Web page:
Setting out to write a book often comes with a surge of energy and inspiration. The words flow and the ideas emerge.
Maybe you’re writing a nonfiction book to help expand your platform or share a new tool with the world. Maybe you’re penning the next bestselling mystery series.
No matter the writing project, things generally flow well in the early stages.
The initial phase — the honeymoon phase — brings all the possibilities. You imagine all the good things that can happen once the book is on the shelves. You find some great reference material, cool writing software, and you can envision a hugely positive outcome.
All that remains are a few minor points like
- actually writing the thing
No matter. Innumerable books are being published and self-published all the time. How hard could it be? So you plod forward.
You write, you mull things over, you write some more.
Gradually, imperceptibly, the inspiration wanes.
You’re in denial about it.
It’s only writing, it’s not that hard. I can totally do this.
You press on. More and more you find yourself in a bipolar pattern. The highs bring inspiration. The lows bring utter devastation.
At some point, things turn south.
You look back through what you have written… and can’t really find anything worthwhile.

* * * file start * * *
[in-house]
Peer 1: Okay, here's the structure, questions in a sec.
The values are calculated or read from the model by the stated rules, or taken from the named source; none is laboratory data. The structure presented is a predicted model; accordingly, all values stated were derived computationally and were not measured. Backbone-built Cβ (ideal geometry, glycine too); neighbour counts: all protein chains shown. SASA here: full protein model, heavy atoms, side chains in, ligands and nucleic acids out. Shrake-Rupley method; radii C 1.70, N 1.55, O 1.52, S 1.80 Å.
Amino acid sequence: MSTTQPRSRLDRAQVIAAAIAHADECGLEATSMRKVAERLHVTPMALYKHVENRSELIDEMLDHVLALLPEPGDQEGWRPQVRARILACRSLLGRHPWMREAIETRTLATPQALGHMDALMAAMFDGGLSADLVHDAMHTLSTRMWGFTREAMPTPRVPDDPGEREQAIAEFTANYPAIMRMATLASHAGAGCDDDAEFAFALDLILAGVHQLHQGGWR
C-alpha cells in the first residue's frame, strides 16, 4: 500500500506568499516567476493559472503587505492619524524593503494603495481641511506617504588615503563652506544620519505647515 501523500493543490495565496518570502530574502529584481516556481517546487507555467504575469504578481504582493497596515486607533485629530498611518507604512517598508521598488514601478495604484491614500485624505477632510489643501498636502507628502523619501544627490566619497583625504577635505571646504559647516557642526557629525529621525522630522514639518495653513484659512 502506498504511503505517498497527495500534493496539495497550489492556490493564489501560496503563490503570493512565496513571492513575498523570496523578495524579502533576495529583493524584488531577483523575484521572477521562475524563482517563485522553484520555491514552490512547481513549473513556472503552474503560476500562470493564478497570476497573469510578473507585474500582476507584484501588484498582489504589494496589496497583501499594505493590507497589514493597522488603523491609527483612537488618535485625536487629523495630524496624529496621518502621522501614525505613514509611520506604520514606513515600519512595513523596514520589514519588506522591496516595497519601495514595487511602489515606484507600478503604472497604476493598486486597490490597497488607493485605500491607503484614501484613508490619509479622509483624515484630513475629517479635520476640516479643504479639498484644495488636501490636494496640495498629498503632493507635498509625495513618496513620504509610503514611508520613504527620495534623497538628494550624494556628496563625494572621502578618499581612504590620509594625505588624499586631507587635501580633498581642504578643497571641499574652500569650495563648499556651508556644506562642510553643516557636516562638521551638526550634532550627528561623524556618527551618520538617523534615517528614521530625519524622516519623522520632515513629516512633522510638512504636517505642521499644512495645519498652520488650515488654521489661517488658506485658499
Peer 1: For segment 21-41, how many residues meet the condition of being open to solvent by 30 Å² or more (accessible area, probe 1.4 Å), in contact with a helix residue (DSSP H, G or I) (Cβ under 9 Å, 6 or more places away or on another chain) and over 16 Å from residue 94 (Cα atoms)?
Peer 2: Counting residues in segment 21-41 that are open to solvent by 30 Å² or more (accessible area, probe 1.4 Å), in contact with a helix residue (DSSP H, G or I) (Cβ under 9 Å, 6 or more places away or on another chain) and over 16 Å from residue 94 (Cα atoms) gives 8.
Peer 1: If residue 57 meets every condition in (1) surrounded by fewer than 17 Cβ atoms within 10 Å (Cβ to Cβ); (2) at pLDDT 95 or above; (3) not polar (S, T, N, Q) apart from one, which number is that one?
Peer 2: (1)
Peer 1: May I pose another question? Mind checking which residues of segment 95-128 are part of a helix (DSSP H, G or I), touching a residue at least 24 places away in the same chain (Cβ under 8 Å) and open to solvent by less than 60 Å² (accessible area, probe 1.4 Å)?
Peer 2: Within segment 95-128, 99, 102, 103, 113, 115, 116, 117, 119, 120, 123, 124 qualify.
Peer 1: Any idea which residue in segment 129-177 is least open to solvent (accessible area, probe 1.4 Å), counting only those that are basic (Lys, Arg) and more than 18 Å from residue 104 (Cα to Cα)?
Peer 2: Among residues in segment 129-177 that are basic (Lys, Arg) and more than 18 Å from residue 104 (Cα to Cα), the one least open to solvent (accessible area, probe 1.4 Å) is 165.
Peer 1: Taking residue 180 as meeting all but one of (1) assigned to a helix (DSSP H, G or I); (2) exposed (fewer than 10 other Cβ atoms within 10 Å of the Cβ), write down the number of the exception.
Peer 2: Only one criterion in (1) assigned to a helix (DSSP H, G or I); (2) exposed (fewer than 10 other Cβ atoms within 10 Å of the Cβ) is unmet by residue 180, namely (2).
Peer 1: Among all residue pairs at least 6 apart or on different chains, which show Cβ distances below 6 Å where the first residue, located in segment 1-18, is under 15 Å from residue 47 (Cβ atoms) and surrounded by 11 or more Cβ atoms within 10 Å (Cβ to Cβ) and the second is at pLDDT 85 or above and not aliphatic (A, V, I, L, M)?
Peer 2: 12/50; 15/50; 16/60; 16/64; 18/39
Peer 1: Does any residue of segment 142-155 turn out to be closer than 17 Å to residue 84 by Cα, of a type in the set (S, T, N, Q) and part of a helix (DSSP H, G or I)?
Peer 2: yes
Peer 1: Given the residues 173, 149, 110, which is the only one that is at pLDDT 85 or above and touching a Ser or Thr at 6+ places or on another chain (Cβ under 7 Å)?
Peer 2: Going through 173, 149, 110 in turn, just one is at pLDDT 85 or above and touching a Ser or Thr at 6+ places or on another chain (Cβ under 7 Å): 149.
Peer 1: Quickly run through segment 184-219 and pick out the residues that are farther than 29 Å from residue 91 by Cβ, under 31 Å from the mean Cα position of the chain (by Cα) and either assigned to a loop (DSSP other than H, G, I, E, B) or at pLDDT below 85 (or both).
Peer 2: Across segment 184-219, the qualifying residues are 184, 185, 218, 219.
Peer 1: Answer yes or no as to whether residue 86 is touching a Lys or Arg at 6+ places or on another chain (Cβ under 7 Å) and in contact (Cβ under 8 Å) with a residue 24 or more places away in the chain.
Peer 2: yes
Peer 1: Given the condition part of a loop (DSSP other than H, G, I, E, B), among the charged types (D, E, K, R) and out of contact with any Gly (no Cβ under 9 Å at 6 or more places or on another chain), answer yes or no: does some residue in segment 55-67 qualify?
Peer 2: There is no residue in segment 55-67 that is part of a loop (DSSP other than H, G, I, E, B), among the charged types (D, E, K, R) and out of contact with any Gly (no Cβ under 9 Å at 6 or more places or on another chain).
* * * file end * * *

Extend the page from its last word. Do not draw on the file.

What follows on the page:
Not only do you doubt the quality of your work, but you doubt the original impulse.
Maybe it was all a bad idea, just a pipe dream and now it’s gone.
Maybe you’re just not cut out to be an author.
Yet, in the background of your psyche, something is quietly nagging you…
In your writing, there is something good and true that should be honored.
You just can’t see it right now.
You need help seeing it.
Strategic outside help in this moment can be pivotal.
It does not mean that the project isn’t worthwhile simply because you are struggling with it. It’s OK to have doubts. Doubts are just doubts. They can come and go. Sometimes they bring some insight, but it’s hard to see through a haze of doubt into the truth of the work-in-progress.
There have been ample times in my life when I was only able to push through because I had help.
Without outside help, my favorite books would have never seen the light of day.
Years back, I drafted a novel then read back through and couldn’t make sense of it.
I couldn’t connect the larger plot arcs. I couldn’t see how everything wanted to stick together. It all seemed like a big tangle with occasional funny bits.
A friend read it, gave me notes, and totally changed my mind about it. So I shared the book with others and got tons of positive feedback.
Because I was willing to open up to someone else, they were able to help me see what I had on my hands.
If you have gone from the honeymooon phase where everything seems possible to a phase where you are ready to abandon the project, reach out to me.
I see it happen all too often:
Inspiration –> Honeymoon Bliss –> Depressing Mess –> Abandonment
Creating something brings intense highs and lows. It can feel very bipolar, and in today’s isolated society, we are more prone to getting stuck — and staying stuck — than ever before.